In a major step toward new penalties against Microsoft Corp., Europe's antitrust regulators voted unanimously Monday to support fining the world's largest software company for flouting a 2004 ruling, sources said.
The regulators backed EU plans to penalize the company but did not discuss the amount of the fine — which they will do at another meeting next week, according to sources who spoke on condition of anonymity because no formal decision has been reached.
The European Commission threatened in December to levy fines of up to 2 million euro ($2.5 million) a day against Microsoft for not complying with an order to supply rivals with "complete and accurate" information to help them develop software that works smoothly with Microsoft's Windows operating system.
Under the rules, the commission must consult regulators twice — once on the principle of the ruling and on the amount — before it announces the fine. Regulators agreed on the principle Monday.
The commission declined to comment on Monday's meeting. Microsoft said it was working to meet deadlines to fix problems with the technical information it is compiling so that rivals can better work with its ubiquitous operating system.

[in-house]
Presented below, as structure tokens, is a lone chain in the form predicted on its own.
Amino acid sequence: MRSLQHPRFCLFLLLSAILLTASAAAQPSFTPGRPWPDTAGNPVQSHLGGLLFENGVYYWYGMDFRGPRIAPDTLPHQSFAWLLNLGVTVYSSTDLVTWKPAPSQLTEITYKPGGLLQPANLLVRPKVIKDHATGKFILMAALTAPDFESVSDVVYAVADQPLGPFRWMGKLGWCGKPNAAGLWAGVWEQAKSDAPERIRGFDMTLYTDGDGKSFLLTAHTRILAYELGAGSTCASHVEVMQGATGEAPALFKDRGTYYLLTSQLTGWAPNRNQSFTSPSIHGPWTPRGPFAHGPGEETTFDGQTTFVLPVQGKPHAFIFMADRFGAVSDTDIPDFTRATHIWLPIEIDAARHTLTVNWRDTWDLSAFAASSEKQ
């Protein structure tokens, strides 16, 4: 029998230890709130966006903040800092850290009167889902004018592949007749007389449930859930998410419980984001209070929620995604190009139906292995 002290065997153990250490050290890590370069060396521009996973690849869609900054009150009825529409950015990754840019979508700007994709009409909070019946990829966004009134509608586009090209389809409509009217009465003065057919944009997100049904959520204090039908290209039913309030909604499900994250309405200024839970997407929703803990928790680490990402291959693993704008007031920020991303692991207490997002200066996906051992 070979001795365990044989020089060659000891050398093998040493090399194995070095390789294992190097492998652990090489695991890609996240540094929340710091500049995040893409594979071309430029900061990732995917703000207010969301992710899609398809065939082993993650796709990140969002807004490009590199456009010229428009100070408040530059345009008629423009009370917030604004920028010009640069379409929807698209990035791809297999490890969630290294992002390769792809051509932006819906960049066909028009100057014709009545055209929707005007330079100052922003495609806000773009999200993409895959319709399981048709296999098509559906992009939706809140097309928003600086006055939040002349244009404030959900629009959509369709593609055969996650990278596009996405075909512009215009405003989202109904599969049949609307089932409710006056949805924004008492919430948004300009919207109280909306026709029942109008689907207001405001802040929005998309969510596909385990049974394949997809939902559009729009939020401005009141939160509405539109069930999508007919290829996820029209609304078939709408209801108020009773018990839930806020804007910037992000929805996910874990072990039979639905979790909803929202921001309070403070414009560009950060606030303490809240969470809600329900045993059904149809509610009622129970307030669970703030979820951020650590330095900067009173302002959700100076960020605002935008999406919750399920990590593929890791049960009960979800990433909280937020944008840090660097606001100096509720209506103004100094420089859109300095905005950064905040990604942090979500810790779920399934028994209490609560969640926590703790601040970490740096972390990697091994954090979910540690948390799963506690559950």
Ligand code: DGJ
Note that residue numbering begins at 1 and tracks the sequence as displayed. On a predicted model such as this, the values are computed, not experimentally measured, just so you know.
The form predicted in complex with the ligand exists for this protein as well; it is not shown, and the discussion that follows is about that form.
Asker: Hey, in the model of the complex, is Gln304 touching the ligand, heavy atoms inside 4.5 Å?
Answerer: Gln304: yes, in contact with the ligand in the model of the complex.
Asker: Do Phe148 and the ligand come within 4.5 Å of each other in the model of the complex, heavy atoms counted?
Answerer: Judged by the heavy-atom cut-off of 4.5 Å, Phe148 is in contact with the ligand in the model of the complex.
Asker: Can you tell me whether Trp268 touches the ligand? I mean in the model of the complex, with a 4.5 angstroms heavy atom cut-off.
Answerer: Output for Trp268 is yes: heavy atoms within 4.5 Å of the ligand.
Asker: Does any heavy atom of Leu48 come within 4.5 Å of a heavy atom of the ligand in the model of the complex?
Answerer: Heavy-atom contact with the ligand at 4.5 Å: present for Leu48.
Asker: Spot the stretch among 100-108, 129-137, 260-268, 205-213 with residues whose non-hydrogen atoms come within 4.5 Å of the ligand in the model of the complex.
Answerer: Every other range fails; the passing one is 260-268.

Microsoft said it has a team of 300 people working full-time on a framework to supply the information. Six of seven installments have already been delivered, it said.
Late last year, independent trustee Neil Barrett, a computer science professor, reported that 12,000 pages needed a drastic overhaul to make them workable.
"Microsoft is dedicating massive resources to meet the aggressive schedule and high-quality standards set by the trustee and the commission in this process," the company said in a statement. "Our engineers are working around the clock to meet the seventh and final delivery date for this project scheduled for July 18."
Microsoft has said any fine at this stage would be "unjustified and unnecessary" while it was still working to comply with the ruling.
But the commission said a decision to levy fines was not connected with this project and Microsoft had already had 18 months to comply after a court rejected its appeal against immediate sanctions.
Last week, the Financial Times reported that the EU would make a final decision to fine Microsoft on July 12 — which could see Microsoft faced with a maximum 418 million euro ($525 million) penalty. The commission refused to confirm this date.
The EU has never before fined a company for failing to obey an earlier order.
In December 2004, Microsoft lost a legal bid to stop antitrust sanctions while it was appealing the ruling that obliged it to share communications code with rivals, offer a version of Windows without Media Player software and pay a record 497 million euro ($613 million) fine.
The EU's second-highest court heard its appeal in April and must still deliver its verdict. Its judgment can be appealed to the European Court of Justice.